Ace pilot Trava and his personal mechanic buddy Shinkai, on their way to mark an out-of-the-way planet, pick up Mikuru, a girl with no memory. The three are about to discover that the planet is more than it seems.
Well, the story is quite basic, we start off with two characters, Trava and Shinkai, on board of a spaceship. They are freelancers, and their current job is to travel and survey an unknown planet. They find an object drifting in space, and locate a girl inside of it who seems to have lost her memories. Sound familiar?
The story doesn't start off partcularly exciting, but it's enough to keep you interested. Eventually, the trio ends up landing on the planet and realise that there are some crazy things going on there. The problem is, the story does seem random, while that can work, like in FLCL, here it feels a bit awkward. The show explains that Trava and Shikai hope to collect money to be able to enter a sort of mecha suit battle tournament, but the anime ends before any of that takes place. It seems like they had more story to show us, but ended up just wrapping up the show in 4 short episodes.
Best part of the anime. The art is really creative and different, kind of a mix of a Aeon Flux and Mind Game. This will turn off some people, but if you value art and like creative applications of it, this OVA is for you. The character designs are very funky and sometime silly(the female character's huge hips) but i found them very interesting. Overall, i found it to be stylish and eye catching.
Fair for the most part. Nothing really memorable here, but it works and none of the music felt out of place. Pretty solid overall. The voice acting was very good and fit the funkyness of the characters.
Well, this one was hard to judge. There is no character development here, but in some cases that can be a good thing. We are introduced to several eccentric characters and, in the end, it is fun to observe their actions and mannerisms, so i decided to go with a positive score.
I liked this overall, but it could have been much more, it's simply too short to be impressive. Now, short anime can be wonderful, but here it felt like a 12 episode anime cropped into a tiny 4 episodes of 13 minutes each. If you don't care about art, or don't like this kind of animation/character design, subtract two points here.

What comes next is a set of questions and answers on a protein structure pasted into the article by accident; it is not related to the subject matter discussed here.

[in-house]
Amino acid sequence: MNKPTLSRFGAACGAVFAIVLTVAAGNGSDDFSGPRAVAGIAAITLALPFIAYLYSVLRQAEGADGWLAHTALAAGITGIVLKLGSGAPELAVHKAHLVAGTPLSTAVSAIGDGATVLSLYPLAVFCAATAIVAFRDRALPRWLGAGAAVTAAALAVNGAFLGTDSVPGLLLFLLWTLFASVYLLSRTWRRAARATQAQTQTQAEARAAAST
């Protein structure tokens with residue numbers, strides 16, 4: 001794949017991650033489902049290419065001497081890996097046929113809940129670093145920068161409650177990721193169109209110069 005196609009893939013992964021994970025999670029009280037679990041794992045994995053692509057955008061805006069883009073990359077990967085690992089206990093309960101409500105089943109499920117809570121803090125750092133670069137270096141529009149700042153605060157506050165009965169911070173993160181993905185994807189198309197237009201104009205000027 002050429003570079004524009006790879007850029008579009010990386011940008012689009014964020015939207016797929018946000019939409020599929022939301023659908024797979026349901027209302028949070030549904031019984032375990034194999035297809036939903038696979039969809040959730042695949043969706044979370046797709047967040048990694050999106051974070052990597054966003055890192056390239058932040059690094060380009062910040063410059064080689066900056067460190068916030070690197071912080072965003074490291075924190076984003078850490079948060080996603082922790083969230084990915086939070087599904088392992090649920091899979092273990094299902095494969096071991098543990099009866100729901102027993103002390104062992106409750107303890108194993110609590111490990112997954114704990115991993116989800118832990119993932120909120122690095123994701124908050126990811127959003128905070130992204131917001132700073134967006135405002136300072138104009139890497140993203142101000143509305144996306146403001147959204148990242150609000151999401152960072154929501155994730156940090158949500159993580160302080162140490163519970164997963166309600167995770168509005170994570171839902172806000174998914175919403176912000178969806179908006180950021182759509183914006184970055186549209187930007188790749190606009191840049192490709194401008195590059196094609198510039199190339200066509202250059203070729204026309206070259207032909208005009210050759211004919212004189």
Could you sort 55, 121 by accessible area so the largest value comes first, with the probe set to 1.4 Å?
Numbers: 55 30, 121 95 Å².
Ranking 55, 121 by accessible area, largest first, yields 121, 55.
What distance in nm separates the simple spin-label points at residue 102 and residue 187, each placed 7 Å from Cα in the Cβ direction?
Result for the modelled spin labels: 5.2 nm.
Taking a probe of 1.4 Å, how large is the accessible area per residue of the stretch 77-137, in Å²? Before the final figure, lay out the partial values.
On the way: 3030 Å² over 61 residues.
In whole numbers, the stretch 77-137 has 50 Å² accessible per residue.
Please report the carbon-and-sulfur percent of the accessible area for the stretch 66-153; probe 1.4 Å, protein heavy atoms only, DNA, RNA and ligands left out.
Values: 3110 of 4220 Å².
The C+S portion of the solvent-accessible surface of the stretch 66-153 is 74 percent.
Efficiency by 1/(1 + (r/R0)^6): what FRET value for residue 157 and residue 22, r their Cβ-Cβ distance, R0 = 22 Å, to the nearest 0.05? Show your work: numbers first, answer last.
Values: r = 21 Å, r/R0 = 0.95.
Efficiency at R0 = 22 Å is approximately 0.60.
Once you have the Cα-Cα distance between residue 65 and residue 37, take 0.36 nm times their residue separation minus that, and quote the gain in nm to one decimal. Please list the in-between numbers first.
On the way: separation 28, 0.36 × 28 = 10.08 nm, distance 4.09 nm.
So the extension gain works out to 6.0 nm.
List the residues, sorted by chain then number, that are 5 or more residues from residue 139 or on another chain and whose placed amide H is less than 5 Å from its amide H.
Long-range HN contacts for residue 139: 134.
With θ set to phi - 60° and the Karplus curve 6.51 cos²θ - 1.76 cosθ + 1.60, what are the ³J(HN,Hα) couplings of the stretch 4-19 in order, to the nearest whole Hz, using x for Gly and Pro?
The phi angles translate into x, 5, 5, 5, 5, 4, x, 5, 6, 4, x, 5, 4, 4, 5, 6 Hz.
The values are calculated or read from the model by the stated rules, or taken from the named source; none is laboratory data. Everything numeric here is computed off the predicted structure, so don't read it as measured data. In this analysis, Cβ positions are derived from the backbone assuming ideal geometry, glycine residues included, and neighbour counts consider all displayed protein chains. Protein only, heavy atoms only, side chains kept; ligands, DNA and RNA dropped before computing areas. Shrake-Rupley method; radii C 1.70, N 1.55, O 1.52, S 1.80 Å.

Trava is a wacko, all-stops-pulled-out celebration of sci-fi anime cliches, and you don't even have to be particularly smart to get any of it (I can't believe I just incriminated myself). How it does this is by constructing an entire story exclusively out of these cliches. The reckless, impulsive pilot, the introverted sidekick, talented guys with a tricked-up spaceship eking out a living doing thankless odd jobs, damsels-in-distress-in-capsules (neat encapsulation, eh? eh?), unforeseen danger lurking in what seems to be a routine job, love triangles/rectangles/quadrangles/whatever, eerie indestructable monstroids, nervous first meetings with alien races with a notorious reputation, self-important tough guys with delusions of grandeur, inexplicable Gaia/Spiritia phenomena - all these and more have been done to death, and Trava takes these dead horses and beats them to a whipping frenzy with great glee and gusto.
I guess I unwittingly got the 'plot' section covered right there, but I just want to make it clear to any apprehensive readers that, despite how I may have made this sound, this isn't the hyper-random, obscurely symbolic, meta-referential roller-coaster ride that FLCL was, for example. Like I said earlier, any idiot can follow the plot - and more to the point, the humour. What sets this apart is its style and tone - it knows you've seen this all a thousand times, and that it doesn't need to wait for you to catch up. And so it races on from one gag to the next in its frenzied, hyperactive pace.
The art style may be off-putting to some viewers, but it actually serves a purpose. Some tropes and pseudo-concepts are so familiar to audiences that all you need is a symbolic stand-in, and Trava literally goes out and does that. Shinkai, for example, is a withdrawn character, and he has the head of - guess what - a shellfish. And then there are the innuendoes...
Overall, the experience is a bit (but not exactly) like looking at one outtake after another of a hastily put-together film. There's "plot progression", but no real story - as in, this show starts in the middle of nowhere, and ends up nowhere. It's more of a kind of slice-of-life experience of what it actually might feel like to be stock characters who are thrown into one tedious "adventure" after another.
Other words, this is a well-made but not very ambitious piece. 52 minutes of quirky atmosphere is what to really expect from this show, and on that level it does a bang-up job.read more